Cypress Cemetery on Saybrook Point in Old Saybrook is one of the oldest, continuously operating cemeteries in North America.  The old burial ground portion of the cemetery was established as a part of the original English Saybrook Colony laid out by Lieutenant Lion Gardiner in 1635.  The accompanying map shows the early colonies of Connecticut. Only the Connecticut Colony settlements of the Windsor, Wethersfield and Hartford area are older.  Saybrook Colony was the first military outpost built on the shoreline, built to protect the mouth of the Connecticut River.  The New Haven Colony further down the coast was settled in 1638 shortly after the settlement at Saybrook Point. 

Cypress, the original Saybrook Colony cemetery, is still accepting burials today.  In fact, we have over 400 plots and cremation niches available.  In contrast, the original cemetery of the New Haven Colony – the New Haven Green – was closed when it became filled toward the end of the 1700’s.  The approximately 5,000 colonial burials that took place in the New Haven Green still remain there – only the tombstones were moved when the Grove Street Cemetery opened to be established as the city’s new burial ground.  Those old tombstones can be seen today lined up around the periphery of the outer wall at Grove Street.


Some of the most notable people buried in Cypress include:

Reverend Thomas Buckingham, one of the earliest pastors of the First Church of Christ in Saybrook, one of the board members that brought the Saybrook Collegiate School – today, Yale University – to the colony on Saybrook Point, and one of the pastors responsible for the drafting of the Saybrook Platform, the “rules” established for all of Connecticut’s congregational parishes.

Nathaniel Lynde, well-to-do son of a prominent Boston gentleman, donated his 13 acre property on Saybrook Point to the fledgling Saybrook Collegiate School with a caveat that the school could use the land as long as the college was located here on Saybrook Point.  After having been established here in 1701, the college moved to New Haven in 1717 after being “wooed” there by benefactors offering books and funds.  The largest of those benefactors was Englishman Elihu Yale, hence the college was renamed Yale College.  The university still has a “Saybrook College” within the university structure in homage to the college’s roots in Saybrook.  

The Yale Boulder plot at the front of Cypress was placed and dedicated in 1913 to reflect the beginnings of Yale at that site (the building that housed the classes is thought to be several hundred feet to the west at the corner of College Street and Ward Street (photo at right); although the school wasn’t likely located at the boulder site, it was a portion of the thirteen acres donated for the collegiate school by Lynde).  Cypress Cemetery is located on College Street, named because of the location of Saybrook Collegiate School.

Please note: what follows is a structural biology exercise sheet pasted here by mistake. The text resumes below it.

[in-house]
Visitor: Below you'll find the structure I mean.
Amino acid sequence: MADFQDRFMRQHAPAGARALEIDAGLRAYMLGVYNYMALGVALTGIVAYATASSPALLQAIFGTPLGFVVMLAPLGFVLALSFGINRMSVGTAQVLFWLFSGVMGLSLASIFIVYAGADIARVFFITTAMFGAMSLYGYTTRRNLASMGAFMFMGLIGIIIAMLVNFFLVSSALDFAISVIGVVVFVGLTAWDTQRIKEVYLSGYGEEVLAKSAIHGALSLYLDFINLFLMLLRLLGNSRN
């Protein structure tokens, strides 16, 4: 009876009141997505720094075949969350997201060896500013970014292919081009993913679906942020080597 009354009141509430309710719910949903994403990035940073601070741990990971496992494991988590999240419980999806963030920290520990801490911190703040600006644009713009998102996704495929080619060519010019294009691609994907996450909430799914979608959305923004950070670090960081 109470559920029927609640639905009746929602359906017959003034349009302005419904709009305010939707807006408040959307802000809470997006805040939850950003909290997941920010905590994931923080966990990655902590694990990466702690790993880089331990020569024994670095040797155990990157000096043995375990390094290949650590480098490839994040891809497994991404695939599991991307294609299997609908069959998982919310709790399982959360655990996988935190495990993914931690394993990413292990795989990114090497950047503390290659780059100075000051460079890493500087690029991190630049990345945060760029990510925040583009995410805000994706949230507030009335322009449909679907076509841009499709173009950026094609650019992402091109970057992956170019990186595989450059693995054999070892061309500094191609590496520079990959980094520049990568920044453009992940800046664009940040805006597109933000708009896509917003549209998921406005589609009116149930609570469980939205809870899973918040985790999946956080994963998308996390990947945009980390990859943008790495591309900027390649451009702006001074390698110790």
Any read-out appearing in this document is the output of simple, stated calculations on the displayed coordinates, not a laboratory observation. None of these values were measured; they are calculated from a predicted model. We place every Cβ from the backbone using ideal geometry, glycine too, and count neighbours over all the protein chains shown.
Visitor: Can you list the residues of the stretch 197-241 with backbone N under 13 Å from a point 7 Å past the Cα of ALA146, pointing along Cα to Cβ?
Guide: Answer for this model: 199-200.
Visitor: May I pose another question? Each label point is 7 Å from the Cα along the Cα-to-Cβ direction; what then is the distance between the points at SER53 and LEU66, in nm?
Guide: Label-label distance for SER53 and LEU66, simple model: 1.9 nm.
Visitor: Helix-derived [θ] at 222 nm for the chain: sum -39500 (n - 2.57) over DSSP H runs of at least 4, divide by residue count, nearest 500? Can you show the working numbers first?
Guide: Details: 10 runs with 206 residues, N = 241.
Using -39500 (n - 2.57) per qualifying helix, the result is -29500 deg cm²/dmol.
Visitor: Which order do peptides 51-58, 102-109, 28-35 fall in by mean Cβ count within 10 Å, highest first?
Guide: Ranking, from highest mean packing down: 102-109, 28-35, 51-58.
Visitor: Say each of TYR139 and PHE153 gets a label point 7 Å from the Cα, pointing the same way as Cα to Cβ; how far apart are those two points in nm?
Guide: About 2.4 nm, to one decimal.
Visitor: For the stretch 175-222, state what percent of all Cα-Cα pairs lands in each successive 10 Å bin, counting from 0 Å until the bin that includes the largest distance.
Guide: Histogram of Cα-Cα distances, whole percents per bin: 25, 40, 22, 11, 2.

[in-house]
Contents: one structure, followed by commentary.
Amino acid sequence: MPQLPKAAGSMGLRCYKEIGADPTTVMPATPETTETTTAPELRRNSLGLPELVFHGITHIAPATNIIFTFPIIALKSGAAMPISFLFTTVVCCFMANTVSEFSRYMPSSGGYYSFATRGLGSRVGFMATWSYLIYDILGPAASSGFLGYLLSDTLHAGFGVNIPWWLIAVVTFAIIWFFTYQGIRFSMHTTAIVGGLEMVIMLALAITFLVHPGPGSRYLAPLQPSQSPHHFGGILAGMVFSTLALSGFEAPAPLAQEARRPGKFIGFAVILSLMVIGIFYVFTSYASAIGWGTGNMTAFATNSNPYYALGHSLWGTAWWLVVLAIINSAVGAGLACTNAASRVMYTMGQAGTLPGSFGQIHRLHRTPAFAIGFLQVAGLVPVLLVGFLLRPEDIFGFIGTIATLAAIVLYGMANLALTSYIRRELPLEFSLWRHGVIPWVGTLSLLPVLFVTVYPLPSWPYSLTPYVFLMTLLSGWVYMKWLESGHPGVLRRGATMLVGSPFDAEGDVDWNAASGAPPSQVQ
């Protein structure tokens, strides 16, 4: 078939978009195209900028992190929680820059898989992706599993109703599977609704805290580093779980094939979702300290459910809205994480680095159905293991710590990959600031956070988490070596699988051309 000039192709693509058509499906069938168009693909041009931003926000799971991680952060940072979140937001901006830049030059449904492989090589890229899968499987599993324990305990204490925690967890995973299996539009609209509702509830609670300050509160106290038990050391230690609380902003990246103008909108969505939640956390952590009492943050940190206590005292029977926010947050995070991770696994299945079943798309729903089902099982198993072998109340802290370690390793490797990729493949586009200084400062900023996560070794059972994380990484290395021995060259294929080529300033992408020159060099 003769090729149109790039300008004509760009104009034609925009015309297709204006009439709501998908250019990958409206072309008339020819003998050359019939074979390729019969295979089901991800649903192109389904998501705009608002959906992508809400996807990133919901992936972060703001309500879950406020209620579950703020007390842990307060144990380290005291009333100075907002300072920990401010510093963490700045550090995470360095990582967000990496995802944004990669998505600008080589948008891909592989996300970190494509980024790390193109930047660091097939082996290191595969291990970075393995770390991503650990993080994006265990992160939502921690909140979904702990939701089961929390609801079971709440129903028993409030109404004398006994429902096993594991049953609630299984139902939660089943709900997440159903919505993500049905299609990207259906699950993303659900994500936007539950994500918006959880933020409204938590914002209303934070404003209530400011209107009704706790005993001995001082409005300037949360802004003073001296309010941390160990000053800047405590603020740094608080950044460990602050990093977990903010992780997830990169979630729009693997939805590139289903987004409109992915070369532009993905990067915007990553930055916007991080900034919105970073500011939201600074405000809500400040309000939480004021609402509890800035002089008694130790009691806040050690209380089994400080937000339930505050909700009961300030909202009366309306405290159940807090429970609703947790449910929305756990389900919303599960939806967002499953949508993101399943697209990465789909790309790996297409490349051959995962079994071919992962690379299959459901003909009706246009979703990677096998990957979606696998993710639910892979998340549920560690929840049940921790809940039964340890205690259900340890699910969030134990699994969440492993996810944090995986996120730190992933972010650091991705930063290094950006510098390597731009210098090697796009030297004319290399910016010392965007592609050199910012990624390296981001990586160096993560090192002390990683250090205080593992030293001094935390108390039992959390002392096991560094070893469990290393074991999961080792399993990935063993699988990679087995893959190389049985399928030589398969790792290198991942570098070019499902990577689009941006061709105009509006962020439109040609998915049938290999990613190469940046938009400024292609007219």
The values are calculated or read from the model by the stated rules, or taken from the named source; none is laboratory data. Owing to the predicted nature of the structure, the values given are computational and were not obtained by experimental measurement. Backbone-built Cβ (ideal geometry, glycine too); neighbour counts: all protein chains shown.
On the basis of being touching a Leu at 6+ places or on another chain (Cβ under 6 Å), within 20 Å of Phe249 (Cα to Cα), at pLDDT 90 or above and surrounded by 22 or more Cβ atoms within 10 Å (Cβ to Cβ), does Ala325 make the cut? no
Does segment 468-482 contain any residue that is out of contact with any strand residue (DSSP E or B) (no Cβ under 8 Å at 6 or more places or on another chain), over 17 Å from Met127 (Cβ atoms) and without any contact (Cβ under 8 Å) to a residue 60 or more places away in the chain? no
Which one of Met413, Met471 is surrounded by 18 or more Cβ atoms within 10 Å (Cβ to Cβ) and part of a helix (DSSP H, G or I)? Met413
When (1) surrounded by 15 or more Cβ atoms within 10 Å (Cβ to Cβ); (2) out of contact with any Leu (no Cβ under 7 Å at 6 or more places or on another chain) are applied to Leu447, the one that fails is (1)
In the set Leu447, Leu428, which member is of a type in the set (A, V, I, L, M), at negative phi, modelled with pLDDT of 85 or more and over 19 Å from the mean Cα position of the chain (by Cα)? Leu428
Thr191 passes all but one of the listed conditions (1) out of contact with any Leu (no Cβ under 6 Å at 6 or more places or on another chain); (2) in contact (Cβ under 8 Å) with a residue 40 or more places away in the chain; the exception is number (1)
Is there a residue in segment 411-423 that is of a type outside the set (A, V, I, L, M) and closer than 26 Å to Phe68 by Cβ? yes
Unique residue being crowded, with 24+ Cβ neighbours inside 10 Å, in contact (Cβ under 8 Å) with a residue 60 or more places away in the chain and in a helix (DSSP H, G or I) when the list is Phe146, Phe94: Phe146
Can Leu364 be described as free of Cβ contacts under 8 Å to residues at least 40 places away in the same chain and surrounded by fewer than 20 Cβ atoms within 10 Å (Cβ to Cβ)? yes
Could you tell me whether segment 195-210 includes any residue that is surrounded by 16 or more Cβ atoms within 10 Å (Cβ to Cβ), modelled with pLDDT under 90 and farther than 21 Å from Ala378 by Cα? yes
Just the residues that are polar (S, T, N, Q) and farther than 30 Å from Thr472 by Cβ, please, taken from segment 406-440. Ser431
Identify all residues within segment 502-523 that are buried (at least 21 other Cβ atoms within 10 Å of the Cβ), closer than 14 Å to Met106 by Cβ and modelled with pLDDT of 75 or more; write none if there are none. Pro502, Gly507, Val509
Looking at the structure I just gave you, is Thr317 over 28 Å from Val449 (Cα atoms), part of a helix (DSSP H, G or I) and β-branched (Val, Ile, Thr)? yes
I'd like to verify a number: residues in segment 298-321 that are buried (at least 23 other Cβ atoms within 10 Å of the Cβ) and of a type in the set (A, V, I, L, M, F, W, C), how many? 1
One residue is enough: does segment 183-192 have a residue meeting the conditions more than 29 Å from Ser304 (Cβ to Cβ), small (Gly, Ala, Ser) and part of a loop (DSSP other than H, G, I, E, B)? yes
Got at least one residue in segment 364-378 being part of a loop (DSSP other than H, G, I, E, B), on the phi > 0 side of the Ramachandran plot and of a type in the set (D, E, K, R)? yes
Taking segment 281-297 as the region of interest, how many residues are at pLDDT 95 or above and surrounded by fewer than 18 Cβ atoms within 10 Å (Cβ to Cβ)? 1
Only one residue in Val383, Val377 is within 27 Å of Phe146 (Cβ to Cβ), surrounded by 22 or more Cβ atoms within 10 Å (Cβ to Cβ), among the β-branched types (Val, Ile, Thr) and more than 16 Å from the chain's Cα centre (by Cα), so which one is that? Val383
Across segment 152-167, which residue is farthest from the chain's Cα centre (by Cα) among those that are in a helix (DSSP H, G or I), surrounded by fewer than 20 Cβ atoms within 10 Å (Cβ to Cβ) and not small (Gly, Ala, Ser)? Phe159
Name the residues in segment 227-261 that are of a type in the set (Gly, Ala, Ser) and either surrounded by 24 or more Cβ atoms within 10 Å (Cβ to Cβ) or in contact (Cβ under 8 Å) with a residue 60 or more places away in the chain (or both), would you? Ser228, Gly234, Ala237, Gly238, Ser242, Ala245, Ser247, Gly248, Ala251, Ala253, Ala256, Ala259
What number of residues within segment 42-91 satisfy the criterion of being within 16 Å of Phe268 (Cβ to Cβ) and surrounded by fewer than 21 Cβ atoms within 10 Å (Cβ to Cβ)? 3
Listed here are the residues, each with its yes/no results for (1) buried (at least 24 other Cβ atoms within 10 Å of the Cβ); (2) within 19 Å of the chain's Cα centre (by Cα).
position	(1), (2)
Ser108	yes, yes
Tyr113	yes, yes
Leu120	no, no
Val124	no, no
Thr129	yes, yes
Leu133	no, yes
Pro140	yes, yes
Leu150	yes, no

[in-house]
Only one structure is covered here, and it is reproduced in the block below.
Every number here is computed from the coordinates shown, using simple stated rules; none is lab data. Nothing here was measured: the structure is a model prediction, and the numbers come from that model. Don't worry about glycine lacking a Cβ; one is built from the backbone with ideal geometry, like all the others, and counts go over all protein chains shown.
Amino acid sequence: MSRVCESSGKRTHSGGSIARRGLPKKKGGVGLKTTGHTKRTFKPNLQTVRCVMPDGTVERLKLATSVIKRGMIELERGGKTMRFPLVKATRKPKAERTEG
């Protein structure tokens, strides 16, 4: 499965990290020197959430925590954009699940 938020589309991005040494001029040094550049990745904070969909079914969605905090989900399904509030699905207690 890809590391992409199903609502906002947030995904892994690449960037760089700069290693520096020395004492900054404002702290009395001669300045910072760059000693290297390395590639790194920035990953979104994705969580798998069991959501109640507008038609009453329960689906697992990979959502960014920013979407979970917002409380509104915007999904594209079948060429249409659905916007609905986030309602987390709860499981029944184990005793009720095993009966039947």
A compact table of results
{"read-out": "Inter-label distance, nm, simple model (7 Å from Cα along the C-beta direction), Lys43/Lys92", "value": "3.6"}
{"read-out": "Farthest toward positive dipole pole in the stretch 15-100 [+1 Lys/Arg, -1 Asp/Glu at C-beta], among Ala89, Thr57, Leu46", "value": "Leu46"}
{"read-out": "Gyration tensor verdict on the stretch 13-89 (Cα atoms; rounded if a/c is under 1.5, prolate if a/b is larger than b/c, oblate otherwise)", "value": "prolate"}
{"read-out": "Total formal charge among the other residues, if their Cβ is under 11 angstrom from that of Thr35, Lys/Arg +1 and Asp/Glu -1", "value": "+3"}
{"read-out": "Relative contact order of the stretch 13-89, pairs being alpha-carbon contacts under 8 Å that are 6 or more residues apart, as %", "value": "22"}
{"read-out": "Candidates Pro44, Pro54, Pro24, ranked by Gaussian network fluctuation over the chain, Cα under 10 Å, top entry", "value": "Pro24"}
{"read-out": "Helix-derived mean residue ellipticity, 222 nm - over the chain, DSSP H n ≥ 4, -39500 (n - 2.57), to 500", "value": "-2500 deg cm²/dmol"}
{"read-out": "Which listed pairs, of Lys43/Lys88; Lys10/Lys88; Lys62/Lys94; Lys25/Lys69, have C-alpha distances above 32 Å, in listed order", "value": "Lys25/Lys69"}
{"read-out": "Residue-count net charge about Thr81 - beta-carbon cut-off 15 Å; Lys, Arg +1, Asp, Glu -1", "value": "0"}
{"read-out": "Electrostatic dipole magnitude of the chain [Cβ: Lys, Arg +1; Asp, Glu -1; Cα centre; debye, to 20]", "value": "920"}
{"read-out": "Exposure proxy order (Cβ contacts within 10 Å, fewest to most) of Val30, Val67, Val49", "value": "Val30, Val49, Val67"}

Lady Alice Appsley Boteler Fenwick.  One of the “gentlemen”, for whom the colony was originally established, was Colonel George Fenwick.  In fact, he was the only one of the original “patentees” that showed up here on these shores.  He came with his wife, Lady Alice Appsley Boteler Fenwick, his sister and her husband, and some servants. Colonel

Fenwick became the Governor of Saybrook Colony until he sold it to the Connecticut Colony (Hartford, Wethersfield, Windsor) in 1650.  While here in the colony, Lady Alice gave birth to their two daughters.  Sadly, Lady Alice died inn 1648 after the birth of their second child and was buried on “Tomb Hill” down by the riverfront and within the colony fort.  When the New Haven Railroad proposed to connect the Saybrook Junction train rails down to Saybrook Point to service wealthy residents of the Borough of Fenwick about 1870, residents decided that they couldn’t let the railroad desecrate Lady Alice’s resting place.  As a result, they dug up her remains in an elaborate ceremony, took them to a local doctor’s house, cleaned them up, put them in a new casket, and held a funeral ceremony at the Congregational Church.  Afterwards, they bore her remains to Cypress Cemetery where she was reinterred in a spot at the front of the old burial ground and adjacent to College Street where she can be visited today.  By the way, the Fenwick’s home was located on the 13 acres of which Nathaniel Lynde came into possession, the same property that a portion of which is now the “Annex” of the cemetery.

You’ll see stories of other buried at Cypress on the History page of this website.

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